and a documentation of patient-harming frauds in medical research
Preemies gasping for breath
are denied the breathing help they need
More of the smaller preemies survive now, but not yet all those who could escape death and brain damage if only they received enough oxygen. Beginning in the mid to late 1960s, the Zeitgeist called for easing overly tight restrictions72; for instance, the American Medical Association relaxed its previously very tight restrictions on the nation's supply of physicians.
In tune with this trend, the oxygen withholding became slowly and gradually and quite tacitly a little less Draconian73, and the death rates slowly and gradually and much less tacitly resumed their descent.
In addition, various more recently developed surfactant preparations introduced every few hours into the preemies' lungs74 help the expansion and deflation of the alveoli and allow many of the smaller preemies to absorb the incoming thin oxygen more efficiently, almost as well as if that gas arrived in higher concentration.
This treatment, at a yearly country- wide cost approaching a half billion dollars, plus a higher rate of neurological damage among the survivors, thus counters partly the purpose and effects of the elaborate and even more expensive oxygen rationing and so helps an estimated 1200 to 3750 babies a year to stay alive75.
However, a study at the University of Miami/Jackson Memorial Medical Center, published in the May 1987 issue of Pediatrics, suggests that some babies still die unnecessarily from oxygen rationing. According to the trial report, five pages from ten authors all unconcerned by the harm their experiment had done to the babies, merely a closer monitoring of the already rationed oxygen supply seems to have killed about one extra preemie in twelve among those with very low birth weights.
In one of two matched groups of preemies with birth weights up to 1300 grams, the experimenters had continuously monitored the babies' arterial oxygen concentrations to maintain them as much as possible in a predetermined range of 50 to 70 mm Hg76. For comparison, the normal range for healthy preemies with mature lungs is the same as for adults: 80 to 100 mm Hg77.
Most of the intensive care nurseries in the USA try to maintain preemies who need oxygen at 45 to 85 mm Hg for 90% of the time78. This corresponds to blood oxygen saturations of only 90 to 95%, less than the at least 96% an infant with more mature lungs should obtain from room air before the oxygen supplementation is discontinued79.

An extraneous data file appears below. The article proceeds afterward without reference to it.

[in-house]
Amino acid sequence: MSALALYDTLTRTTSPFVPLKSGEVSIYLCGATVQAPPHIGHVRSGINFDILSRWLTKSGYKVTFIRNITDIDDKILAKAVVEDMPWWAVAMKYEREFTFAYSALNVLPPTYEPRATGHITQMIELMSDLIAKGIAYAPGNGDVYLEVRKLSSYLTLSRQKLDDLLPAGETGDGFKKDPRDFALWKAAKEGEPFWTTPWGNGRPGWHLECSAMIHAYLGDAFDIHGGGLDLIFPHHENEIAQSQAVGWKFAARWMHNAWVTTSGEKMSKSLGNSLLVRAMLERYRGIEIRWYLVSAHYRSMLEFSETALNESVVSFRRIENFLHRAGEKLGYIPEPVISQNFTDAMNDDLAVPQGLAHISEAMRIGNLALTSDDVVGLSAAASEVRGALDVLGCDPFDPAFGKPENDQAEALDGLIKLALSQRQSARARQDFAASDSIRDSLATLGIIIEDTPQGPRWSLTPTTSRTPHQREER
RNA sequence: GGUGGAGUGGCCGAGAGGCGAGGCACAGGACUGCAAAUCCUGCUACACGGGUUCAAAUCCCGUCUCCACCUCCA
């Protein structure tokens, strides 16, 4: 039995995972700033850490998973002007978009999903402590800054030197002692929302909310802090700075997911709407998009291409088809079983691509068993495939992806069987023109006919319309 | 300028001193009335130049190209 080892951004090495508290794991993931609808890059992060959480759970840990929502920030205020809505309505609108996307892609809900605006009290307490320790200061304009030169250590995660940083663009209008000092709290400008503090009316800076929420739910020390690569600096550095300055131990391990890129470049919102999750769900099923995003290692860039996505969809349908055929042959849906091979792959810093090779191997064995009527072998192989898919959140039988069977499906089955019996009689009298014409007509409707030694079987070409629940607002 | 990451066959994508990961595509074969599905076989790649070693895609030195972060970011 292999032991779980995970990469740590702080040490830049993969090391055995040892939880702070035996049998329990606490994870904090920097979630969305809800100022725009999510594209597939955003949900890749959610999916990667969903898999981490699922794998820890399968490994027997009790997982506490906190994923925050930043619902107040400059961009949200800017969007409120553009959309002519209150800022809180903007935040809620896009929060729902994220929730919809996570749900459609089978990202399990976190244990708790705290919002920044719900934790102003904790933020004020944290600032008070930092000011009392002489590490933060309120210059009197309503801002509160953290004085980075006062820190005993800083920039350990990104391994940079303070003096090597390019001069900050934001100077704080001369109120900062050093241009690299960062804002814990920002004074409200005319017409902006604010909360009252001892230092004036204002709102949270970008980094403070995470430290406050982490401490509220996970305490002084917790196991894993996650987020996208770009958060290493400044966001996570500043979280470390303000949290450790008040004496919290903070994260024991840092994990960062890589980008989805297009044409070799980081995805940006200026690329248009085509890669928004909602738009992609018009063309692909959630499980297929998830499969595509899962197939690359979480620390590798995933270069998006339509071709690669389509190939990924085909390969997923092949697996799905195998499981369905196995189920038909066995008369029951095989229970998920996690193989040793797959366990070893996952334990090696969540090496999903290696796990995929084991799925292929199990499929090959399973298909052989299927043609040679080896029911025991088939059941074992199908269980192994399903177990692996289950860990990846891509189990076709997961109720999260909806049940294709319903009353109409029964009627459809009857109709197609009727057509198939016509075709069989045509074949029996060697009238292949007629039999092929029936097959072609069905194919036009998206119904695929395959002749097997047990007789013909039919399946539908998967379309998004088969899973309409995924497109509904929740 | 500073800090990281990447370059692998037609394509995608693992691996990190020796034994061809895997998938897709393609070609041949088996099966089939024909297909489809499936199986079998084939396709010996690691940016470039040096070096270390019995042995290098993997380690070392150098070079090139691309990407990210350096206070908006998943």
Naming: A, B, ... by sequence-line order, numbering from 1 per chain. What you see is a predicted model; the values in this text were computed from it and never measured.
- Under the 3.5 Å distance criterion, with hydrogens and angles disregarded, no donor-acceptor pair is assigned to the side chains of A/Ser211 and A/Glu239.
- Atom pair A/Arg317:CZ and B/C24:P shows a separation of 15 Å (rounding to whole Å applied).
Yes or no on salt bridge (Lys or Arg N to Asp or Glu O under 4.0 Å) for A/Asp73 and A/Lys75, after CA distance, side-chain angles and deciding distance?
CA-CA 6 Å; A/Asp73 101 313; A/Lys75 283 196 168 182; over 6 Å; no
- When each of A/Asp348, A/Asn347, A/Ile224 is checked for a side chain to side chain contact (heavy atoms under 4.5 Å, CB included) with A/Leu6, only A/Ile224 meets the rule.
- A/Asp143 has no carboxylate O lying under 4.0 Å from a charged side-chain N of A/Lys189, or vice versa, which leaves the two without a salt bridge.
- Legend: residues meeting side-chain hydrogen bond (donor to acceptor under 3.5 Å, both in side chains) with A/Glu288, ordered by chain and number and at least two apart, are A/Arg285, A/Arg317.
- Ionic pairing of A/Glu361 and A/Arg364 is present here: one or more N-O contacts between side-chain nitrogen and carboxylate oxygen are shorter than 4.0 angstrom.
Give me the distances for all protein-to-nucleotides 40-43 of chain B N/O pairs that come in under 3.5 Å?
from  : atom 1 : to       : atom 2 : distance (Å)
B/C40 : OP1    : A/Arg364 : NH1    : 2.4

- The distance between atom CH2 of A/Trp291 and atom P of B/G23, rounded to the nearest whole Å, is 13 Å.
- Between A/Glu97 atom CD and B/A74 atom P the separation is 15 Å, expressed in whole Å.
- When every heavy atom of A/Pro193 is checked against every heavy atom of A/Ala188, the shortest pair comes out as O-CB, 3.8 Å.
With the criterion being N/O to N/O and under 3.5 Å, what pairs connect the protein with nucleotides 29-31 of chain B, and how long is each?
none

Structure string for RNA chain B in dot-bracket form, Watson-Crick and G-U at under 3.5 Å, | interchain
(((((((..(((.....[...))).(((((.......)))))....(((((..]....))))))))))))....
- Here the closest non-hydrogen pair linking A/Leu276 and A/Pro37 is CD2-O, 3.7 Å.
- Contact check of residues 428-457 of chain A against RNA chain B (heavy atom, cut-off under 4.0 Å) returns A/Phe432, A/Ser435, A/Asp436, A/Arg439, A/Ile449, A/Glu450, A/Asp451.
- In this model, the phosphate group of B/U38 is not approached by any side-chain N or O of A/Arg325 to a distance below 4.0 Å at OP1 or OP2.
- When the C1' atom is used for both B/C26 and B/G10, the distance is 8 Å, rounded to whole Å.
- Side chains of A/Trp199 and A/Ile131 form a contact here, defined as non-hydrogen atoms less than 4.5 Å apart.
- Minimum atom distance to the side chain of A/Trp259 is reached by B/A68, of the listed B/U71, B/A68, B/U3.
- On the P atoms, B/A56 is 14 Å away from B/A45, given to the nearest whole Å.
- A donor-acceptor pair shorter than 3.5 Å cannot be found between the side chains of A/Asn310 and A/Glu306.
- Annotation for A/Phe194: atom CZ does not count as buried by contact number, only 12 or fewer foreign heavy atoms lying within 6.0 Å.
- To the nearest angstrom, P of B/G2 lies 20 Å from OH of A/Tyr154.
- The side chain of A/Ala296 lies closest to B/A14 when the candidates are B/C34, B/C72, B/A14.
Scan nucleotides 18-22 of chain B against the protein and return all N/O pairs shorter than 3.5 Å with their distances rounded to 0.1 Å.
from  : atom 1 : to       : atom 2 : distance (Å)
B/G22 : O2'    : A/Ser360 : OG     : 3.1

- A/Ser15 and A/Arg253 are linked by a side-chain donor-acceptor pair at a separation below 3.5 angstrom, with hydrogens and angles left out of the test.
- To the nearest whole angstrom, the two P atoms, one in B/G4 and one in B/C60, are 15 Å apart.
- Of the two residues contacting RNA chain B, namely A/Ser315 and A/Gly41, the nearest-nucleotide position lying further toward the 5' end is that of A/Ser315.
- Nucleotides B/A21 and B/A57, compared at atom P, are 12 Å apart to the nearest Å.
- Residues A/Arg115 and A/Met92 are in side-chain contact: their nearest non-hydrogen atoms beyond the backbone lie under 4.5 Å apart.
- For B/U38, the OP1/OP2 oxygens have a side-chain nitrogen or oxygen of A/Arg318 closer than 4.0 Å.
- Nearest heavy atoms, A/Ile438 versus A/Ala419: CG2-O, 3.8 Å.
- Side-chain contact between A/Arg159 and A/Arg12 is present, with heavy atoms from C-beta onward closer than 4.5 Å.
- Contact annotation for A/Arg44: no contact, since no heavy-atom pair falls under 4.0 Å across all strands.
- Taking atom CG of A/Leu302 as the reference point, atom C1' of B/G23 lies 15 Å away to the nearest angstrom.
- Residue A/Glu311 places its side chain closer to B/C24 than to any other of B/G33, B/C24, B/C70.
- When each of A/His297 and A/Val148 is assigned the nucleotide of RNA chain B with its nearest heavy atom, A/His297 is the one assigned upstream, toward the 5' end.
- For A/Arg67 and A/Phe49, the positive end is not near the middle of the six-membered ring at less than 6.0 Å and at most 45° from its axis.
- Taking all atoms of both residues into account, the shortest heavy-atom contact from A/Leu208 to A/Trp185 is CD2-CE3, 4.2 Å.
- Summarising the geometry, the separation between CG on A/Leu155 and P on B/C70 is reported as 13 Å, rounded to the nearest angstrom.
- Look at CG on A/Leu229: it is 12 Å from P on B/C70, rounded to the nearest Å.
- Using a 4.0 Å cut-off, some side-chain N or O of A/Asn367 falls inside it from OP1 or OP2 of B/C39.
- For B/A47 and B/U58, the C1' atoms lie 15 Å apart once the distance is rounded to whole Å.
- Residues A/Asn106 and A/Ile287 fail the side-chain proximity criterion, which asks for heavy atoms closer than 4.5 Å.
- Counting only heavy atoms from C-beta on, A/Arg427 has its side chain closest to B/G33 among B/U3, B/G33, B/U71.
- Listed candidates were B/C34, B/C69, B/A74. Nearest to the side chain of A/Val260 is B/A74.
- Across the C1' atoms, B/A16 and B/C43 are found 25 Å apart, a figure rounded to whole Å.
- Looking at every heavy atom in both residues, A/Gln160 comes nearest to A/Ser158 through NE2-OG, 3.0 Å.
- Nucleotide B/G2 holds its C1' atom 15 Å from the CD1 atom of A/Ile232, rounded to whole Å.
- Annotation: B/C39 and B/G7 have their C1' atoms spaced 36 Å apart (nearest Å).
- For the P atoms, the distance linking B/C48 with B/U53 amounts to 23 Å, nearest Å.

The babies in the control group had received standard care which means their oxygen was also rationed with the intent to keep it in the same low range, but their oxygen levels were monitored only about a third of the time, and thus less tightly.
Consistent with all the prior studies of oxygen and ROP, this one failed again to show a clear relationship between oxygen administration and either the incidence or the severity of ROP. The expensive monitoring and constant taping of painfully hot electrode pads to the few not-yet- reddened spots on the tender skin of the preemies had not helped to reduce either.
The mortality figures, however, revealed the deaths of twelve extra babies in the continuously monitored group of 148, or 8% more. For the babies born above 900 grams, the death rate in the monitored group was over 11% higher than among those who had received oxygen a little more freely.
The authors computed the probability that this difference might be due to chance as 6% which means a 94% probability that the extra deaths were due to the monitoring. They said:
On the other hand, it would be equally valid to speculate that the smallest infants, those whose mortality rate was apparently not much affected by the monitoring, suffered from so many other problems of immaturity that they tended to die from many causes which were beyond oxygen's power to cure. The larger babies were more ready to live and may have needed only a little more breathing help to put them over the threshold of viability.
To dismiss the observed correlation between tighter monitoring and higher death rate despite its high statistical probability is therefore an ad hoc interpretation incompatible with rational inquiry.
However, none of the investigators or their reviewers expressed any concern or raised any alarm about the fatal outcomes that were so strongly associated with the useless monitoring and constant hot-pad pain.
Physicians are taught to regard correlations between treatments and effects as "not significant" until that probability of a chance result reaches or becomes smaller than 5%; unfortunately, many apply this "clumsy substitute for thought"81 cookbook recipe also to the evaluation of harmful side effects although there, any positive association should be a danger signal.
The relative differences in mortality between babies with different accuracies of oxygen rationing in this trial allow no absolute-numbers estimate about the nationwide toll from the current practices, but an extrapolation can help to illustrate the potential consequences of just a small turn on the oxygen valve:
If a similar relative tightening of each hospital's current oxygen administration produced a similar 8% rise in mortality for the estimated annual 42,000 (in 1985)82 to 53,000 (in 1990)83 American children with similarly low birth weights, then such a slight further restriction of the already rationed oxygen supply would correspond to the deaths of about 3,360 to 4,240 extra babies a year, roughly as many as are said to now suffer vision problems from ROP84.
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